<p>Thanks so much for this AWESOME instructable, after much headache I <br>am able to say that I was finally able to get things working. And I'm <br>an absolute beginner so that goes a lot to say about the writer, thank <br>you!! <br><br>I did run into a slight issue though and was hoping I <br>could get some guidance, granted I havent built in the connection to the<br> 7805 and have the tx built as well as the receiver built (caps and <br>rectifier), when I go to measure the dc current at the rectifier I only <br>get .08 on my multimeter... I do however get a full 12 volts at the tx <br>though... Any thoughts? <br><br>Hooked up to 12v 1.8 amp power, <br>everything is identical to instructable (it works, just low low low <br>voltage at receiver end). Only think i notice may be different is that <br>my inductor is made with 26 gauge magnet wire (30 turns) when it looks <br>like in yours you are using some thicker gauge wire. </p><p>Am i just <br>jumping the gun and needing to connect all the way through the 7805 in <br>order to see the full 5 volts? I just didnt want to solder the thing <br>until all tested, figured i would at least get 5v at the rectifier.. <br>unless i'm reading my multimeter wrong (at 20v setting reads .08 max).</p><p>Thanks for any help!</p>

<p>Can I use the powermat receivers like they have at starbucks instead of building it? You can get those for free from the powermat website and saves building that part myself. Will the transmitter work for those?</p>

<p>what use is this comment section if u dnt reply...</p>

<p>why do we require such a high frequency of operation? and what is the diameter of the turns of primary and secondary transmitter?</p>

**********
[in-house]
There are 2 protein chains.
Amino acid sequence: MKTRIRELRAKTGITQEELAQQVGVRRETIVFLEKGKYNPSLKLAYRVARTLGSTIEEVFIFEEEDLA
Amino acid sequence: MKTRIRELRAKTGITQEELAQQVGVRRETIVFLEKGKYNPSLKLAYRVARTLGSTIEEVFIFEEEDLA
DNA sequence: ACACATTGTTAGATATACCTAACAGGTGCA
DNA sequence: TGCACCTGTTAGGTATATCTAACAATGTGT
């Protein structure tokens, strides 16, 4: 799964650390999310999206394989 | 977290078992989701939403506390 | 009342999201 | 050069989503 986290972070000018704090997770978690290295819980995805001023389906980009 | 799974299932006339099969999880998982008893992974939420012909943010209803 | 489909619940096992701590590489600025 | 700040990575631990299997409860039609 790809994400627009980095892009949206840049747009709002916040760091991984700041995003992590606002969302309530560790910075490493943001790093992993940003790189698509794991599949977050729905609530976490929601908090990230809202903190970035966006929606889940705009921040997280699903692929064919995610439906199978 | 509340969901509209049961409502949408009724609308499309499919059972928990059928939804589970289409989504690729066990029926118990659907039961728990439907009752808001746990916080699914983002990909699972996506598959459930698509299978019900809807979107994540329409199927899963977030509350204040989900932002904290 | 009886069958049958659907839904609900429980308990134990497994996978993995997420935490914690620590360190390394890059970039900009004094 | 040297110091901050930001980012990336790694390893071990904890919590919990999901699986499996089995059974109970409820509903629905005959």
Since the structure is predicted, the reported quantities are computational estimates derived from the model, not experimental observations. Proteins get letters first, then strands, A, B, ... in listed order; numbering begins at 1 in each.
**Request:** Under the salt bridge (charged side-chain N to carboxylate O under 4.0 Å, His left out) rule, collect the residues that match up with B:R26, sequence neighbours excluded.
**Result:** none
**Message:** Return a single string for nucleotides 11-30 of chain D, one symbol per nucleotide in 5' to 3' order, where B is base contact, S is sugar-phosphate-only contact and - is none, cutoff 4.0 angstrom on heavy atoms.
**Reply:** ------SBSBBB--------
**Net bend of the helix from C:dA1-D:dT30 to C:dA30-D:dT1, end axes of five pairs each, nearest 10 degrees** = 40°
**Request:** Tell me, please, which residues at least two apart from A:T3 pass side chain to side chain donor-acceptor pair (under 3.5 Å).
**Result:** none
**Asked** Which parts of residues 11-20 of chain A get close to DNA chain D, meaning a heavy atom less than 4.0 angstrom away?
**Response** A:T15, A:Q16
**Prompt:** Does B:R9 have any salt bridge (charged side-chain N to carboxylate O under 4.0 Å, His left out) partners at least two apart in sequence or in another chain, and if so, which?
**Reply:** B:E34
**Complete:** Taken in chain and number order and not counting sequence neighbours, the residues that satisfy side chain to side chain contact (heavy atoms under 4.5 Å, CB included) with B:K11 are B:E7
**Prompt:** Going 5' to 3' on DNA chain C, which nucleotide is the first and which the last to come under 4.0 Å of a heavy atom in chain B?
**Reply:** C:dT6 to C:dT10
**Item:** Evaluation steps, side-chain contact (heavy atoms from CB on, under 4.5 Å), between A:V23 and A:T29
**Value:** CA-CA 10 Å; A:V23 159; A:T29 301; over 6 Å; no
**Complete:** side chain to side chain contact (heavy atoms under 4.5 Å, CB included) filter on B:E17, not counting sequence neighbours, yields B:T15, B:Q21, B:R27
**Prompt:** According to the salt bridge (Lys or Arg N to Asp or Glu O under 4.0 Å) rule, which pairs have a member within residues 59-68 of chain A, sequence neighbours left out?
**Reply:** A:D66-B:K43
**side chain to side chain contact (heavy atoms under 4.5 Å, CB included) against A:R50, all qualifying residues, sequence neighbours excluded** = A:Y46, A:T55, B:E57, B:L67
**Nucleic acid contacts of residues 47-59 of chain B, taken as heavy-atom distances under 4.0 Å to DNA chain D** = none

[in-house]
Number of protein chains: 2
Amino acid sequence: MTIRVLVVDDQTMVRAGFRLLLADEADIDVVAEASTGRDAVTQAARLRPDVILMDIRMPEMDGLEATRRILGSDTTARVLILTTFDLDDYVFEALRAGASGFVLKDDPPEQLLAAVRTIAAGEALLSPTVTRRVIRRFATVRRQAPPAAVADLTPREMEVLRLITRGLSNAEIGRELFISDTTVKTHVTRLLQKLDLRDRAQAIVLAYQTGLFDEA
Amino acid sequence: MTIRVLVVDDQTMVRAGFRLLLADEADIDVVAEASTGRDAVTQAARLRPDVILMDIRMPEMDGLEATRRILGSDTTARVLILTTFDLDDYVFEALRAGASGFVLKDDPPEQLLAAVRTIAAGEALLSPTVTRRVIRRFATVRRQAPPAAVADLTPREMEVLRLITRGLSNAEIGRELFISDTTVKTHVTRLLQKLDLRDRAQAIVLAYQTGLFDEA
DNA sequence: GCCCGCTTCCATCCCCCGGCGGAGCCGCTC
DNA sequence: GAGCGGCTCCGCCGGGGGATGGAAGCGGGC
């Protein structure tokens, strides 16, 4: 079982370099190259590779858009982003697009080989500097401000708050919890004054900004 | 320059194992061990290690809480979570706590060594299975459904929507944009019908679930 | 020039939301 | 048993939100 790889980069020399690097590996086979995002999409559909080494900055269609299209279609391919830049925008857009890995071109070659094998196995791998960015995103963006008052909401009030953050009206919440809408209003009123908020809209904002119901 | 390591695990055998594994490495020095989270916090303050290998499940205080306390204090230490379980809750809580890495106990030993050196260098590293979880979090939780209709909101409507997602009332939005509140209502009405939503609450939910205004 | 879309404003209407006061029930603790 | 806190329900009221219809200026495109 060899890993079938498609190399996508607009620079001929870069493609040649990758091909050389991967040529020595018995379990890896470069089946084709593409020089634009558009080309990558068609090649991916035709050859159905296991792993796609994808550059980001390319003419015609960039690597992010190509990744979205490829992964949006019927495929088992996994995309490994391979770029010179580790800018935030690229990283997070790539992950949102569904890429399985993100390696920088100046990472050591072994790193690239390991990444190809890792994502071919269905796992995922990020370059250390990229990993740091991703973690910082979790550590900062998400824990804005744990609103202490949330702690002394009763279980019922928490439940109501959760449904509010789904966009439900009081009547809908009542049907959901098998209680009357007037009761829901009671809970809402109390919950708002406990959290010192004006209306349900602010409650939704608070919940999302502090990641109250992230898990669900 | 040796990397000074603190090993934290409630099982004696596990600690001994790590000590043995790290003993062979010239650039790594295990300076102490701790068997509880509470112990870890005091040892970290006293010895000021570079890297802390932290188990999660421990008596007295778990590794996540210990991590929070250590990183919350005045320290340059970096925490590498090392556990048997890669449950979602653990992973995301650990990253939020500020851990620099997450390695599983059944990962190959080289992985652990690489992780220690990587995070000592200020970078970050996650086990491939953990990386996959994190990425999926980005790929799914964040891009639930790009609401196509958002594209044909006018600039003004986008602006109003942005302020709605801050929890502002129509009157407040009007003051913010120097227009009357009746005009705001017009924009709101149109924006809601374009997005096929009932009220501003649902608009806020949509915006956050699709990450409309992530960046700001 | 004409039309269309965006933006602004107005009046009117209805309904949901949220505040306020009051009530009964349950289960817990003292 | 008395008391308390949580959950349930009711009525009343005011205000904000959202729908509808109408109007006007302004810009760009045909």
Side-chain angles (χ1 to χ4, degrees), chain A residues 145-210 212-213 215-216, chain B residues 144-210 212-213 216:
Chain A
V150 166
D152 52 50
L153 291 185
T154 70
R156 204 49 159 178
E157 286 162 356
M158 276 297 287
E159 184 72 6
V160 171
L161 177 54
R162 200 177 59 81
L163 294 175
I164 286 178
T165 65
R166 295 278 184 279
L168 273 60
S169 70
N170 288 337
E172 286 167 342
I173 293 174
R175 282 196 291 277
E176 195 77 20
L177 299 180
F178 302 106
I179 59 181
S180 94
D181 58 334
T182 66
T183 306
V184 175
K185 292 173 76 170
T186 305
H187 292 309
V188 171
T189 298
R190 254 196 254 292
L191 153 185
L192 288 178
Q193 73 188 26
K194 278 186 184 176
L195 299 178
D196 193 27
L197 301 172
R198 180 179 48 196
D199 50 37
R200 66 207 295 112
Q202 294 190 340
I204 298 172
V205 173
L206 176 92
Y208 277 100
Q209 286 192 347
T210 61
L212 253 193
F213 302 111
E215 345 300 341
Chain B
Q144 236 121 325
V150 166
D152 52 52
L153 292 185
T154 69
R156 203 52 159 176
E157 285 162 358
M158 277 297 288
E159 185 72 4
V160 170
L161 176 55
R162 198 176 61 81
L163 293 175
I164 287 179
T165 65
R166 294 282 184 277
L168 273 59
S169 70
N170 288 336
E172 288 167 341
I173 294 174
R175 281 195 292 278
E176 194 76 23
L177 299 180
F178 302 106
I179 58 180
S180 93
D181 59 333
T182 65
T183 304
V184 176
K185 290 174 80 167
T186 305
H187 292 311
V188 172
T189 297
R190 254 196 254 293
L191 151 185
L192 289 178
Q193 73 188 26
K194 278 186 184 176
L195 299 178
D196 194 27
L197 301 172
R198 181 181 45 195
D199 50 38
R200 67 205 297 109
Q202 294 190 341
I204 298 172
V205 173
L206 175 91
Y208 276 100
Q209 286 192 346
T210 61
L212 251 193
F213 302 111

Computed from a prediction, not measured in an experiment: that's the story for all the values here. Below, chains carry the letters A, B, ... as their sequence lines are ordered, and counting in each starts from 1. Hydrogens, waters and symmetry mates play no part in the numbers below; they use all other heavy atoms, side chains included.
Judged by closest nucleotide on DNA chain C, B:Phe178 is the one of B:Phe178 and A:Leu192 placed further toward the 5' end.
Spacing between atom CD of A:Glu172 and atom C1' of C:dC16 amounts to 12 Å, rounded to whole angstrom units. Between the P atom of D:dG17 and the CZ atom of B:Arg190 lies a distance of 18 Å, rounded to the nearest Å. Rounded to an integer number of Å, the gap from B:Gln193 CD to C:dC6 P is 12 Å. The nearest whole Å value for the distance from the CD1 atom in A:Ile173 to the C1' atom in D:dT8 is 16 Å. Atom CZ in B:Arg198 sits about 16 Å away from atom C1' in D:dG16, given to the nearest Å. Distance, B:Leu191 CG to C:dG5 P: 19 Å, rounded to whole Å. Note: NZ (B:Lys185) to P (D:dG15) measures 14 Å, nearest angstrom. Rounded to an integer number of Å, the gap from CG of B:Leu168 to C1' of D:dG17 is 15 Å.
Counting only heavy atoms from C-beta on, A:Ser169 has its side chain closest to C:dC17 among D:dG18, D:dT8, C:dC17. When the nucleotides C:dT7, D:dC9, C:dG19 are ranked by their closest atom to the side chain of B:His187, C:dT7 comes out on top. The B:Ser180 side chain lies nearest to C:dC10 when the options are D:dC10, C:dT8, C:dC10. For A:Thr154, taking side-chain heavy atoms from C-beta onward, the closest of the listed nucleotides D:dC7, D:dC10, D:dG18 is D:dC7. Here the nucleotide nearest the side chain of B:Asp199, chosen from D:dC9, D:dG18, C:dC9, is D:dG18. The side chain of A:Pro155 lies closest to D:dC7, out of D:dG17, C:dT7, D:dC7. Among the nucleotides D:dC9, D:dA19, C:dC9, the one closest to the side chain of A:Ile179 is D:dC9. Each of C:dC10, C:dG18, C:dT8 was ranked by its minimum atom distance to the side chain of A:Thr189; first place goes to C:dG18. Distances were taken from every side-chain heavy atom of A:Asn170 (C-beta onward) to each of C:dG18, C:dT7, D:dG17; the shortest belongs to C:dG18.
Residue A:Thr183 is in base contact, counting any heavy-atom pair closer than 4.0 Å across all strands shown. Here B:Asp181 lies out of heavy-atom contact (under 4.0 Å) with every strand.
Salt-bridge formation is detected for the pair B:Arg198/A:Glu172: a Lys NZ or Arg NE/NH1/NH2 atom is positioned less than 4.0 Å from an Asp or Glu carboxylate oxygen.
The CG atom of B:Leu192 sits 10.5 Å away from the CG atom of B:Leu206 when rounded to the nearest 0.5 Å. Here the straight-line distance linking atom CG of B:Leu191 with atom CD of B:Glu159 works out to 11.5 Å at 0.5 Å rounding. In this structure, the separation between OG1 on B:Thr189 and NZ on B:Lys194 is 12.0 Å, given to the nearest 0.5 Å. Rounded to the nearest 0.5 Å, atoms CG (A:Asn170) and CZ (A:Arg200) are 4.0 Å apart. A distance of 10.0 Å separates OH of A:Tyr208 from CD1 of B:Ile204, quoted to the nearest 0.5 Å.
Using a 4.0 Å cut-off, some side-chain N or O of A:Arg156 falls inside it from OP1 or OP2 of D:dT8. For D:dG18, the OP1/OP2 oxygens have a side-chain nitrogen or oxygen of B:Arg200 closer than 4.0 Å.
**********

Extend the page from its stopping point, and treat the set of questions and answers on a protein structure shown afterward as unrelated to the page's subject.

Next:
<p>how will the mosfets get triggered?and what is the operating frequency?and y do we need a high frequency of operation?</p>

<p>bro, can drop me an email ? i want to ask about the project</p>

<p>i made it and its working.....i got 9v without using the 7805...i just wish i can increase the range of transmission</p>

Hello.<br>Can you explain making coil?<br>I cannot do this.<br>Please Can you tell me Radius and Turn of coil.'?<br>Thanks you<br>juekokohtet@gmail.com

<p>Hi, can u help me to troubleshoot my circuit.</p>

<p>ok whats the issue</p>

<p>Hi, my circuit is not working, i have used 2.2uf capacitor mkp similar type. I dont have cro to troubleshoot. </p>

does not it generate emp that harmful to electronics

<p>I dont know why but i cant get it to work. the first Mosfet gets just hot and I dont even get anything to the master coils : /</p>

Hello bro..how did u overcome this problem u faced??